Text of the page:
Thursday, November 3, 2011

Post election


So Cristina Fernández de Kirchner walked off with rather a decisive victory in last month’s presidential election, obtaining 53.96% of all votes and avoiding a second round of voting (in Argentine presidential elections if one candidate achieves more that 45% of votes or more than 40% with a 10% advantage over their closest rival then there is no second round of voting). Cristina, and her Vice-president elect and Economy Minister Amado Boudou took 23 of the 24 provinces of the country, losing out only in San Luis to Rodriquez Saá, and turning their victory for the FPV into the biggest since the return of democracy in 1983.

There were, of course, the customary celebrations with thousands partying in the streets and plazas throughout the country and Cristina delivering an emotional speech to the thousands of Peronistas in Plaza de Mayo in Buenos Aires after her victory was official.

But a week or so later the time to party is over and CFK and Boudou are, some might say finally, considering the real issues which the country faces.

On October 31, Boudou announced new rules regarding the purchasing of foreign currency which he said were to “fight money laundering and the black market,” and to combat capital flight, which is estimated at 73 billion dollars during the last five years.

The AFIP tax revenue office will be responsible for controlling the new rules, clearing all transactions made in banks and foreign-exchange houses and registering every transaction by individuals and companies on an online system; but until that takes affect, all sales of foreign currency through ATMs, Internet banking and phone banking were suspended.

Many politicians however, including a former Central bank head, Alfonso Prat Gay say that the best way to deal with capital flight is not with controls but with “a strong and significant battle against inflation, which is the deeper problem,” - something which he suggests the government is reluctant to confront due to the fact it’s been “denying and hiding inflation for so long.”

He explained that the completely standard practice in Argentina of saving in dollars instead of in pesos is obviously due to the inflation rate, and argued that the new controls are “absolutely pointless” since “the only thing they’ll achieve is to increase the informal market”. The Fitch ratings agency also warned that going down the road of such unorthodox polices represents nothing but risk.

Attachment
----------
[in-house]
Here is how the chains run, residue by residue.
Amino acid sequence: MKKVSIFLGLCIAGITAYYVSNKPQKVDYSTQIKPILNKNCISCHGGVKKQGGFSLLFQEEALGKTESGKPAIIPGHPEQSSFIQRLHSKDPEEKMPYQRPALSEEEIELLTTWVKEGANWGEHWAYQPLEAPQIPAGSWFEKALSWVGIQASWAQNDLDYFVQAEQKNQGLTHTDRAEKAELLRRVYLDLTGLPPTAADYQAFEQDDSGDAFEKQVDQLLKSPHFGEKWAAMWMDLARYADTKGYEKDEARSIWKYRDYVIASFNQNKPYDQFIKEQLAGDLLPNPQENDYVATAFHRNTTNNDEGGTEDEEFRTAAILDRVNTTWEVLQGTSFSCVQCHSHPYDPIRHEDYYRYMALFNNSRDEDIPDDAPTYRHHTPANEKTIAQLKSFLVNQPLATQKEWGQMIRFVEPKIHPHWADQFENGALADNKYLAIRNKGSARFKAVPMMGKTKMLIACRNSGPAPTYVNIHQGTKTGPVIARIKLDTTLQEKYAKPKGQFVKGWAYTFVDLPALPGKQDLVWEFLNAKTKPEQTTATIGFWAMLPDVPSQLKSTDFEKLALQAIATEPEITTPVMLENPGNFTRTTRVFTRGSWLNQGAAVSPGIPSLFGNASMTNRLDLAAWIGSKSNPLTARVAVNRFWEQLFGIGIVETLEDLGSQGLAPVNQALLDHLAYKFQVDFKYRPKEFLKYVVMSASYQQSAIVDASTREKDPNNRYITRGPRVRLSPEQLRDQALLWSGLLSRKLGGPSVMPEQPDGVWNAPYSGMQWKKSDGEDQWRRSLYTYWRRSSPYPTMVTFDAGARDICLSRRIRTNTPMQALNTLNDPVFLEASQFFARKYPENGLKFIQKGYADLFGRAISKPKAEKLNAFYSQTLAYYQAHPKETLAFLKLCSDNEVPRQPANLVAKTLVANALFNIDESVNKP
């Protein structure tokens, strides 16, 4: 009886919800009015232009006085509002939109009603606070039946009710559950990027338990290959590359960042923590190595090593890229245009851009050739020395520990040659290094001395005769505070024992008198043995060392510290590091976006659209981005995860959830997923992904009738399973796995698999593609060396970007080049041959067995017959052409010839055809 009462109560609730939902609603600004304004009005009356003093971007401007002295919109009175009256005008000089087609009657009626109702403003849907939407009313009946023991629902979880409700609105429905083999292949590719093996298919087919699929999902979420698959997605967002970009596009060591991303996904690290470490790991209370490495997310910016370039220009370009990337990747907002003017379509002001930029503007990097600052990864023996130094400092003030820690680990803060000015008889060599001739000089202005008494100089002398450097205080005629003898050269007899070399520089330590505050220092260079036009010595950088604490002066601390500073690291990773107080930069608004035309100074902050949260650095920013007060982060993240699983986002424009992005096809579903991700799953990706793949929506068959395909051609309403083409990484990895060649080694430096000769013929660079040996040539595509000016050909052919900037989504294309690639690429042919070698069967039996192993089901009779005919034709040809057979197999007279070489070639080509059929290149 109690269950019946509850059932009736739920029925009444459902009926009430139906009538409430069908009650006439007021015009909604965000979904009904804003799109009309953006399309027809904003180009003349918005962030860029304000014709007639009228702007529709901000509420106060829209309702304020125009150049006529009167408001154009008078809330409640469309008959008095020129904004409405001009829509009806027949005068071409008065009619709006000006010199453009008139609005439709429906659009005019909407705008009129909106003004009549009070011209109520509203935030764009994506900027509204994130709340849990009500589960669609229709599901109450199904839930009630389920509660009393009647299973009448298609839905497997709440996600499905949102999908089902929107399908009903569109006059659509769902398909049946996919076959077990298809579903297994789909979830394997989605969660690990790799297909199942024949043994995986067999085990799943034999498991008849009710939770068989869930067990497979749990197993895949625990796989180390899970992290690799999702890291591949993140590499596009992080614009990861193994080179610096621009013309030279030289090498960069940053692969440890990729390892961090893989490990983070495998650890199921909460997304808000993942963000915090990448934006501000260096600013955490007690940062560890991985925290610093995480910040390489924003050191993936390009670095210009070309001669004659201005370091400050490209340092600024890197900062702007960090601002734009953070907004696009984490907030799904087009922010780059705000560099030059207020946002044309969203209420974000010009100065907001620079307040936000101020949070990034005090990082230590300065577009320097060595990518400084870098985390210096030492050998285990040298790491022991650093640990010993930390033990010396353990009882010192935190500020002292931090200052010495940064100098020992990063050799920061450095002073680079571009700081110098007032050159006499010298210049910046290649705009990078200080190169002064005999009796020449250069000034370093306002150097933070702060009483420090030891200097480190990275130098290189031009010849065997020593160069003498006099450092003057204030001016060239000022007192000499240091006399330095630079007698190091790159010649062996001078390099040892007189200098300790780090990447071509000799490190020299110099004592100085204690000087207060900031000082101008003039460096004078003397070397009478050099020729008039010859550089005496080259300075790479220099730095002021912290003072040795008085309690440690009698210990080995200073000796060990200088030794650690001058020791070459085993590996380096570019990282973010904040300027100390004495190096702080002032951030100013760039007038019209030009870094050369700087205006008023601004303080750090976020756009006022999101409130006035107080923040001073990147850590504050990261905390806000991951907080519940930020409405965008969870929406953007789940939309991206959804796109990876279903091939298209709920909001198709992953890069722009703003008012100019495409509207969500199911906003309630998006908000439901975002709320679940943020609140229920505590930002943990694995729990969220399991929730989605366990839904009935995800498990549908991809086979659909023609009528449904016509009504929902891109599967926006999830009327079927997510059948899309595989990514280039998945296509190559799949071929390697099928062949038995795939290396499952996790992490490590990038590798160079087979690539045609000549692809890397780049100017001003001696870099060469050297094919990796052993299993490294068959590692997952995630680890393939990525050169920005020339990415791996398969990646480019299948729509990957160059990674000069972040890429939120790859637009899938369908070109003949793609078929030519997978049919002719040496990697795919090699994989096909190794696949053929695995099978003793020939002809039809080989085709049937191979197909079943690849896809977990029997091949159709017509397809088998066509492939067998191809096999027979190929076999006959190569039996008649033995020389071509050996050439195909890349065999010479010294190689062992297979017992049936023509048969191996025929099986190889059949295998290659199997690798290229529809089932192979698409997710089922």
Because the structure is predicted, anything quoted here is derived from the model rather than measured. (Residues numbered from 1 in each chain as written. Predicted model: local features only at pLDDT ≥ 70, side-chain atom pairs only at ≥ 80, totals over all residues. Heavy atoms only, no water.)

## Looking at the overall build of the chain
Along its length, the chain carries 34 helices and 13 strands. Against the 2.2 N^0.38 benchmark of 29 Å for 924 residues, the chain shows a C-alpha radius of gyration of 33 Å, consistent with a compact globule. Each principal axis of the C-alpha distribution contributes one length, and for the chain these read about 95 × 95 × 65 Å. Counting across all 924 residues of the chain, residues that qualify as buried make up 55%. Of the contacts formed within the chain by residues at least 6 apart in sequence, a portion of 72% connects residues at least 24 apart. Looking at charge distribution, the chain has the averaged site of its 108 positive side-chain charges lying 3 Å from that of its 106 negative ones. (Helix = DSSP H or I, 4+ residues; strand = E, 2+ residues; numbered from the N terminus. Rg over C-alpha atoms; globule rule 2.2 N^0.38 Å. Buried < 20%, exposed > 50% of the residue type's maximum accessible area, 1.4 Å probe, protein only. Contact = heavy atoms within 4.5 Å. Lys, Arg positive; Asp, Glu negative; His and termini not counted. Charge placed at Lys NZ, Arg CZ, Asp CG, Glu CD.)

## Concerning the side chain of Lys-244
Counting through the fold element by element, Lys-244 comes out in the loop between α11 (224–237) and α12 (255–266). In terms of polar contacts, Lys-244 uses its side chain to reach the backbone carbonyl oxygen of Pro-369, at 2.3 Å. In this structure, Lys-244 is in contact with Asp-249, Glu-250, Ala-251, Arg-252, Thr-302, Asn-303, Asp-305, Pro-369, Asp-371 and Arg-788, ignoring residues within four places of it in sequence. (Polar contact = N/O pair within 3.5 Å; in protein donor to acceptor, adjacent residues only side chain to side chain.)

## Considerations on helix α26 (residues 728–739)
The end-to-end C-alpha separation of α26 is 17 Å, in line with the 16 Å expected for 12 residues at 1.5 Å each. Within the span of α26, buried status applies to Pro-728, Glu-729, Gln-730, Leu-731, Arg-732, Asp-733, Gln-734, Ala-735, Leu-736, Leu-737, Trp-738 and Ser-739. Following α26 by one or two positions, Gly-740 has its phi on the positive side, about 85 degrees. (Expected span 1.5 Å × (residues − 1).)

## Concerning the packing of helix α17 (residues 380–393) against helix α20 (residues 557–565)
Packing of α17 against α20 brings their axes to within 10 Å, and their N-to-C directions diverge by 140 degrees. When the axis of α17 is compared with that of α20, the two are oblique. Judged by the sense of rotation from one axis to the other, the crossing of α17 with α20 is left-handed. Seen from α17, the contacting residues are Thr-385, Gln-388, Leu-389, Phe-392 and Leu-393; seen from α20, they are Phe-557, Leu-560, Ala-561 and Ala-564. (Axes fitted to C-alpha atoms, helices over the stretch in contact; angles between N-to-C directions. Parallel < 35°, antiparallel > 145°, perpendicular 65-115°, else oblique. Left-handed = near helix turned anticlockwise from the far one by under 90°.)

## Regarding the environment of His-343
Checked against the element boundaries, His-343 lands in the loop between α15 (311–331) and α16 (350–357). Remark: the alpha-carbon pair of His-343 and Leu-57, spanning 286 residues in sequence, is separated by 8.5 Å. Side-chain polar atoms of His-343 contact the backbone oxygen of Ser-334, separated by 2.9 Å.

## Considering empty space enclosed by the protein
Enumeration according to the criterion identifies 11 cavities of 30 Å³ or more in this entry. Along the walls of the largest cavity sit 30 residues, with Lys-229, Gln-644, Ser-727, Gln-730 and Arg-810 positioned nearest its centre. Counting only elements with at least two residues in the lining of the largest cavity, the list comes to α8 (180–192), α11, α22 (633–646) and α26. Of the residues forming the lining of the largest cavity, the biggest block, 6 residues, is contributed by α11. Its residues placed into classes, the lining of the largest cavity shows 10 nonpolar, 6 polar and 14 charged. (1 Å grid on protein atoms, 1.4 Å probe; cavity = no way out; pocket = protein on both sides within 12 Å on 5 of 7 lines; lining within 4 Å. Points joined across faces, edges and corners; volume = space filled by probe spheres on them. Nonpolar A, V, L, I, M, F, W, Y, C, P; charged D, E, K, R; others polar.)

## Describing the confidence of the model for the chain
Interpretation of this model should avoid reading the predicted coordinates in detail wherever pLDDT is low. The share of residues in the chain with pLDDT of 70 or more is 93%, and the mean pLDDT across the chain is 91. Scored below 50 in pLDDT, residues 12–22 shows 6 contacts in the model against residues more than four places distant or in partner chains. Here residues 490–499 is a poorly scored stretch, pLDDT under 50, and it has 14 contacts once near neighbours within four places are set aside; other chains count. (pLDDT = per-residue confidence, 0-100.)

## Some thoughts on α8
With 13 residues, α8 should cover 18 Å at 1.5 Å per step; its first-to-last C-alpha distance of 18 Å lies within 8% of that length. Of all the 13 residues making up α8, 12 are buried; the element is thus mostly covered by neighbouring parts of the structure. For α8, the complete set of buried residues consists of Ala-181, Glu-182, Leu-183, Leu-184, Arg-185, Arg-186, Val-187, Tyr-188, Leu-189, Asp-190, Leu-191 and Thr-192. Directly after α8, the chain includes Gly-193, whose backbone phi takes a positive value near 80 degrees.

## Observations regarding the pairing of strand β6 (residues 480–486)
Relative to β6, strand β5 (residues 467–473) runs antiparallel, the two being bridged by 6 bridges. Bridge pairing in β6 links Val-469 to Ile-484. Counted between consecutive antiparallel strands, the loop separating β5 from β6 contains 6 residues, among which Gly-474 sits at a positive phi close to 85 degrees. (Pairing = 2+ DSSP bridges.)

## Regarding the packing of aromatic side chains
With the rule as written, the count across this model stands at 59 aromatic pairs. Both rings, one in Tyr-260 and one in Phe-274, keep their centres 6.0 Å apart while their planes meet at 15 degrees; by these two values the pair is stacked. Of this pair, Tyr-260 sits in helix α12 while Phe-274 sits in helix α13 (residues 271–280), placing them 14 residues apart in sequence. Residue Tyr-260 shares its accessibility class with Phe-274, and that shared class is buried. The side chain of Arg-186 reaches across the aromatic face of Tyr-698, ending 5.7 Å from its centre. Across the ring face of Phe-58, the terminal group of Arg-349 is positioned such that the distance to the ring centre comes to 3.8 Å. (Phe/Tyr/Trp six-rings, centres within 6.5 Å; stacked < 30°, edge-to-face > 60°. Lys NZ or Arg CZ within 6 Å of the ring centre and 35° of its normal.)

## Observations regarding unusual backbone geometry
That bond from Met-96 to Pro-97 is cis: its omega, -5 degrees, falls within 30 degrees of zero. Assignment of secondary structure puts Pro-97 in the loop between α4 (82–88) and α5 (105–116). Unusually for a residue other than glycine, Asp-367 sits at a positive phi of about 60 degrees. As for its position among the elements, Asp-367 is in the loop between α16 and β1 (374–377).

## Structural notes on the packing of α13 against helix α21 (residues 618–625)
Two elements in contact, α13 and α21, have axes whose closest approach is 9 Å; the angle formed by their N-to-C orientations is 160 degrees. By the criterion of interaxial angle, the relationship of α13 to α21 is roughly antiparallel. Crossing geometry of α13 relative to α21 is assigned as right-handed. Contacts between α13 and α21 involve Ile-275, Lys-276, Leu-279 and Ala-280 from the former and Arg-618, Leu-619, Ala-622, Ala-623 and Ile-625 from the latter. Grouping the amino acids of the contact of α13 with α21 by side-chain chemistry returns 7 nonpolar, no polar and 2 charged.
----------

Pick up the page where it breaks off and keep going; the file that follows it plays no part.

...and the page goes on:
An announcement from Boudou yesterday of a full lift on subsidies however, might actually help bring down inflation. Presently in Argentina, the government subsidises, among other industries, transport, electricity, gas and water companies, keeping prices low for the consumer but confusing the market. The policy is expected to produce annual fiscal savings of 600 million pesos and could introduce a more competitive nature into the markets.

On a social note, it seems Cristina is finally coming out and openly criticising the protestors (most of whom are her supporters) who on a daily basis block streets, motorways and avenues to bang drums, sing and shout and protest, causing havoc and disruption for the commuters. 

Piqueteros taking over the streets
Known as piqueteros in Argentina (a local word that comes from the English ‘picket’), many are members of political factions, though it often appears that most are just there for the joy of making noise and having a laugh. The majority of porteños at least get generally sick of them and on Tuesday Cristina had a proper go at those piqueteros who set up a roadblock on the Ricchieri highway preventing thousands of commuters getting into Buenos Aires for work.

“That wasn't social protest, but a ridiculous ploy,” she said, going on to urge citizens “not to protest on the streets, but to do so on pavements and in plazas.”

“We won’t criminalize social protests, but what happened today wasn’t a social protest but a ridiculous ploy by people wanting to cause disruption for fellow citizens,” she added.

This fresh standpoint is in total contrast to the previous policy of her late husband, former President Nestor Kirchner, who was known to encourage such protests as he built close ties with the labour unions who promote them. To the contrary Cristina has had run-ins with the likes of the ridiculously powerful labour leader Hugo Moyano, who controls the streets of Buenos Aires.  

Will any of these new policies serve to help build the Argentina that the President likes to remind us she is constructing with and for 'todos los argentinos y argentinas'? Time will tell.

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